1.A.43 The Camphor Resistance or Fluoride Channel (Fluc) Family
CrcB of E. coli appears to confer camphor resistance when overexpressed and induces resA expression (Sand et al. 2003). Deletion is not lethal but increases sensitivity to camphor and fluoride. CrcB has 127 aas and 4 TMSs. Its many close homologues are small proteins, usually with 4 TMSs. These proteins mediate fluoride resistance (Ji et al. 2014). The active transporter is a dimer of 4 TMS subunits arranged antiparallel (Stockbridge et al. 2014).
Fluoride, F-, ubiquitous in soil, water and marine environments, is a chronic threat to microorganisms. Many bacteria, archaea, unicellular eukaryotes and plants use F- exporters to lower cytoplasmic F- levels to counteract the anion's toxicity. Stockbridge et al. 2013 and Li et al. 2013 showed that these ''Fluc'' proteins, purified and reconstituted in liposomes and planar phospholipid bilayers, form constitutively open anion channels with extreme selectivity for F- over Cl-. The active channel is a dimer of identical or homologous subunits arranged in antiparallel transmembrane orientation, or a single protein with two internal 4TMS repeats (as for the yeast proteins (TC# 1.A.43.2.4 and 5). This dual-topological assembly had not previously been seen in ion channels but is known in multidrug transporters of the SMR sub-family of the DMT superfamily (TC# 2.A.7.1) (Pornillos et al. 2005; Pornillos and Chang 2006).
Crystal structures showed that Fluc channels contain two separate ion-conduction pathways, each with two F- binding sites (Stockbridge et al. 2015). Last et al. 2016 examined the consequences of mutating two conserved F--coordinating phenylalanine residues. Substitution of each phenylalanine specifically extinguished its associated F- binding site in crystal structures and concomitantly inhibited F- permeation. Functional analysis of concatemeric channels, which permit mutagenic manipulation of individual pores, showed that each pore can be separately inactivated without blocking F- conduction through its symmetry-related twin. The results strongly supported a dual-pathway architecture of these channels (Last et al. 2016).
The camphor resistance protein, CrcB or FluC (Hu et al. 1996; Sand et al. 2003). Exports fluoride selectively over chloride by an anion open channel mechanism (Stockbridge et al. 2013). The active transporter is a dimer of 4 TMS subunits arranged in an antiparallel transmembrane orientation (Stockbridge et al. 2014). In bacteria lacking Fluc, F- accumulates when the external medium is acidified as a predicted function of the transmembrane pH gradient. This weak acid accumulation effect, which results from the high pKa (3.4) and membrane permeability of HF, is abolished by Fluc channels (Ji et al. 2014). A proper tubulin network is required for functional Cx43 GJ channels, and mefloquineis a gap junction inhibitor (Picoli et al. 2019).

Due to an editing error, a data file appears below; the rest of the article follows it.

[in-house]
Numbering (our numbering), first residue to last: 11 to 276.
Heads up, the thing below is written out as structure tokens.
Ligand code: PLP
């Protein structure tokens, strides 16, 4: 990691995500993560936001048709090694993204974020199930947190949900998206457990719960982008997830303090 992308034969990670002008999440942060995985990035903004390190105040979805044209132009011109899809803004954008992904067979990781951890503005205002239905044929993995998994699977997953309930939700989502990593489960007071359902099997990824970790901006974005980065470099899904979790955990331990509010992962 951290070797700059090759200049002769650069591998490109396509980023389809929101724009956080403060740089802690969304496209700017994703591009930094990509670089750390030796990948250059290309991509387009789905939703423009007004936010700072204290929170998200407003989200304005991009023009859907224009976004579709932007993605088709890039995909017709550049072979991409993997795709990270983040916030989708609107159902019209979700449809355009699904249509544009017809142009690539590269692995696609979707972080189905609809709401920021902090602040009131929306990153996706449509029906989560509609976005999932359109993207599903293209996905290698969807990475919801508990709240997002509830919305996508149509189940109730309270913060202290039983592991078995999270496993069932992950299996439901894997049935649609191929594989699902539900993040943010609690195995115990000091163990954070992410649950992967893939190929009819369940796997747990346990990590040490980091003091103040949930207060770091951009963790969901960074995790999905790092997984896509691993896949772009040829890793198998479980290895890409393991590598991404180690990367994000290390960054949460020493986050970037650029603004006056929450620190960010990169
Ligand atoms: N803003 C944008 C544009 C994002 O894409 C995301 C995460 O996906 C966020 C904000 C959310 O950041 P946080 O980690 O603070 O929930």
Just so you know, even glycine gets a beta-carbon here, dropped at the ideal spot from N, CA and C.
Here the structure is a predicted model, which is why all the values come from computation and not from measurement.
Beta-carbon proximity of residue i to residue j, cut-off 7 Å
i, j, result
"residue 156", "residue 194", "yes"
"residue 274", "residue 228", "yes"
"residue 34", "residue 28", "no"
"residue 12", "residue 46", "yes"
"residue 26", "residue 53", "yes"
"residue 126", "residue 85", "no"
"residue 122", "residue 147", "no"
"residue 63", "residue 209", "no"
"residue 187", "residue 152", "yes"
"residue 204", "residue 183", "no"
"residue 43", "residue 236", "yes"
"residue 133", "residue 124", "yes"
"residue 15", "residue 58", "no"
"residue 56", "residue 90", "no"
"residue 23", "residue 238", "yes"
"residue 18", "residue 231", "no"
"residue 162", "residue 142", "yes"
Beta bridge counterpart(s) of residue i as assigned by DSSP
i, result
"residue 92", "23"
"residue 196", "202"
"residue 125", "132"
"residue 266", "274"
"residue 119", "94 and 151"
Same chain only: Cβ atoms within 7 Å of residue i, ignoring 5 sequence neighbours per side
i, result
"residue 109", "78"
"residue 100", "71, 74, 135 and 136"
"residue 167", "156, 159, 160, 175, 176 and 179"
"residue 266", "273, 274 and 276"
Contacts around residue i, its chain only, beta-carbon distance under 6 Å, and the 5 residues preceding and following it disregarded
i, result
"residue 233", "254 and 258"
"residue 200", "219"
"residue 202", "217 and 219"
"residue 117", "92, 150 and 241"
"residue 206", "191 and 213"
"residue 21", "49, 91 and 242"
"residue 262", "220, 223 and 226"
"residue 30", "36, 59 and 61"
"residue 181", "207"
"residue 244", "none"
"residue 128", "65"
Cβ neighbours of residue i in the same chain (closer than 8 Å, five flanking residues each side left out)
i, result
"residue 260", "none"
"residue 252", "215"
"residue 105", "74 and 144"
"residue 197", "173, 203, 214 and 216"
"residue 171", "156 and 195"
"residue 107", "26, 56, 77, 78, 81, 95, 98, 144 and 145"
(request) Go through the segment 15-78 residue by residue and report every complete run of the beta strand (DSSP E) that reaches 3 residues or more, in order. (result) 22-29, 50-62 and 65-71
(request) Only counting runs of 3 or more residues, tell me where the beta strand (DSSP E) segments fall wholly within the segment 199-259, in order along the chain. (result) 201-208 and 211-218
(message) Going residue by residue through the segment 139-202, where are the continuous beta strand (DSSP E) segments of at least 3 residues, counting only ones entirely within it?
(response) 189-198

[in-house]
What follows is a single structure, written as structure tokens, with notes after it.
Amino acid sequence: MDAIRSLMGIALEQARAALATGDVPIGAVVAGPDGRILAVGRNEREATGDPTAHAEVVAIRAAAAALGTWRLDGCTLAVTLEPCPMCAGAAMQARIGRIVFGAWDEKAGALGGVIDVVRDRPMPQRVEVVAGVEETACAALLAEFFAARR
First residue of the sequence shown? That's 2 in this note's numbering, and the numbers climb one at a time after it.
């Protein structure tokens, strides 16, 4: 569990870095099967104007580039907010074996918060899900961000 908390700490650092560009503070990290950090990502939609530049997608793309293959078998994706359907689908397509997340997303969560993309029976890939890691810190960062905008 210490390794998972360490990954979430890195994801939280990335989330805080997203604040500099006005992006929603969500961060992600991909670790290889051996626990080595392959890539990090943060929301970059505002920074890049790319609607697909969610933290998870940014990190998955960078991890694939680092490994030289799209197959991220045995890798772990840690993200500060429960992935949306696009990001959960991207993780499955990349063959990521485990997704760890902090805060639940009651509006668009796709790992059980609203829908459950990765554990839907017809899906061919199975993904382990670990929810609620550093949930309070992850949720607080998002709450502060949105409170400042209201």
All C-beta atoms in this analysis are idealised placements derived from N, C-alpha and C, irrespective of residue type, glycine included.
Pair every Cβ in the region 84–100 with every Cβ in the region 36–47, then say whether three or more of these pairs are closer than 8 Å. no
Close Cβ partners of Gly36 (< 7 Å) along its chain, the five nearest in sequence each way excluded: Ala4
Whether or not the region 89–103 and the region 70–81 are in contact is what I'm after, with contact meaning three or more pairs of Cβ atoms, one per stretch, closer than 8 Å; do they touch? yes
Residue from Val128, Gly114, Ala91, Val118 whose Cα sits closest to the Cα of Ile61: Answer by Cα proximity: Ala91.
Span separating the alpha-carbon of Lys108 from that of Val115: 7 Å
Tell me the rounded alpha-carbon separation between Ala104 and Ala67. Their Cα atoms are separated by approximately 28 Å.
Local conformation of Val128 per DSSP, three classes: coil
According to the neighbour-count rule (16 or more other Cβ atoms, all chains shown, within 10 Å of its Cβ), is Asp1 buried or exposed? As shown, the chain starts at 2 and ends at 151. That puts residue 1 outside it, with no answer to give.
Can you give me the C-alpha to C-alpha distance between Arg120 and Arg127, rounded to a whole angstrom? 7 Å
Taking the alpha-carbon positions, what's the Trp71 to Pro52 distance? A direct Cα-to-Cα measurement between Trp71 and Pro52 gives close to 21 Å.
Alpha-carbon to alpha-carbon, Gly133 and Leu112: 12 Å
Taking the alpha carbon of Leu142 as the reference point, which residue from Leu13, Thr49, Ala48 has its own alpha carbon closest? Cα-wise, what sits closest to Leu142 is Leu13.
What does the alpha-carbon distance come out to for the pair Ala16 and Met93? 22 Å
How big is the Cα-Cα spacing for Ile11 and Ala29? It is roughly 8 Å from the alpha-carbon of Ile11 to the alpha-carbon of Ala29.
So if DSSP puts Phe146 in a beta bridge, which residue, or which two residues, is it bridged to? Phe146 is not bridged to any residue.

CrcB of E. coli (P37002)
CrcB-like protein of 164 aas and 4 TMSs
CreB of Mobiluncus curtisii (Falcivibrio vaginalis)
Putative fluoride transporter of 122 aas, CrcB
CrcB of Campylobacter jejuni
CreB of 168 aas and 4 TMSs
CreB of Brachybacterium faecium
CreB of 123 aas and 4 TMSs.
CreB of Aequorivita sublithincola
CrcB, putative fluoride channel protein of 124 aas and 4 TMSs
CrcB of Lactobacillus kefiranofaciens
CrcB of 133 aas and 4 TMSs.
CrcB of Halorubrum coriense
Fluc homologue of 453 aas and 9 putative TMSs.
Fluc of Acanthamoeba castellanii
Fluoride ion channel of 128 aas and 4 TMSs, Fluc or CrcB. The crystal structure is known (PDB5A40; 5A43).
Fluc of Bordetella pertussis
Protein CrcB homologue 2
crcB2 of Bacillus subtilis
Putative fluoride-selective channel of 143 aas and 4 TMSs, CrcB.
CreB of Propionibacterium acnes
CreB homologue of 124 aas
CrcB homologue of Methanocaldococcus fervens
CrcB homologue of 172 aas and 4 TMSs
CrcB of Parvularcula bermudensis
Putative fluoride exporter, CrcB.
CrcB of Pelodictyon luteolum (Chlorobium luteolum)
Putative fluoride exporter, CrcB if 114 aas and 4 TMSs.
CrcB of Thermococcus barophilus
Uncharacterized protein of 151 aas and 4 TMSs.
UP of Rothia mucilaginosa (Stomatococcus mucilaginosus)
Putative fluoride exporter, CrcB of 113 aas and 4 TMSs.
UP of Haloquadratum walsbyi
CrcB-like protein of 307 aas and 6 TMSs in an apparent 3 + 3 arrangement.
CrcB homologue of Tetrahymena thermophila
Uncharacterized protein of 372 aas and 9 - 10 TMSs
UP of Kazachstania africana (Kluyveromyces africanus)
CrcB domain containing protein of 310 aas and 9 TMSs in a 4 + 5 arrangement, with both halves showing sequence similarity with the 4 TMS CrcB of E. coli.
CrcB homologue of Schizosaccharomyces cryophilus
Plasma membrane fluoride ( > chloride) export channel of 375 aas and 8 TMSs, FEX1 (Li et al. 2013). The two homologous 4 TMS domains are functionally assymetric (Smith et al. 2015). There are two very similar fex genes in S. cerevisiae, the other having TC# 1.A.43.2.5. Fex1 is consitutively synthesized (Smith et al. 2015).
FEX1 of Saccharomyces cerevisiae
Fluoride exporter, FEX2 of 375 aas and 8 TMSs (Li et al. 2013).
FEX2 of Saccharomyces cerevisiae
Fluoride exporter, FEX, of 526 aas and 10 putative TMSs (Li et al. 2013).
FEX of Neurospora crassa
Camphor resistance CrcB protein of 461 aas and 9 putative TMSs.
CrcB of Arabidopsis thaliana
Uncharacterized protein of 405 aas and 8 putative TMSs.
UP of Ciona intestinalis (Transparent sea squirt) (Ascidia intestinalis)
Uncharacterized protein of 460 aas and 9 TMSs/
UP of Phytophthora parasitica
CreB of 346 aas and 4 TMSs.
CreB of Bifidobacterium longum
Putative fluoride channel, CrcB, of 180 aas and 4 TMSs.
CrcB of Scardovia wiggsiae
Putative fluoride ion channnel, CrcB, of 178 aas and 4 TMSs
CrcB of Bifidobacterium longum
Putative fluoride ion channel, CrcB, with 310 aas and 4 TMSs.
CrcB of Bifidobacterium animalis subsp. lactis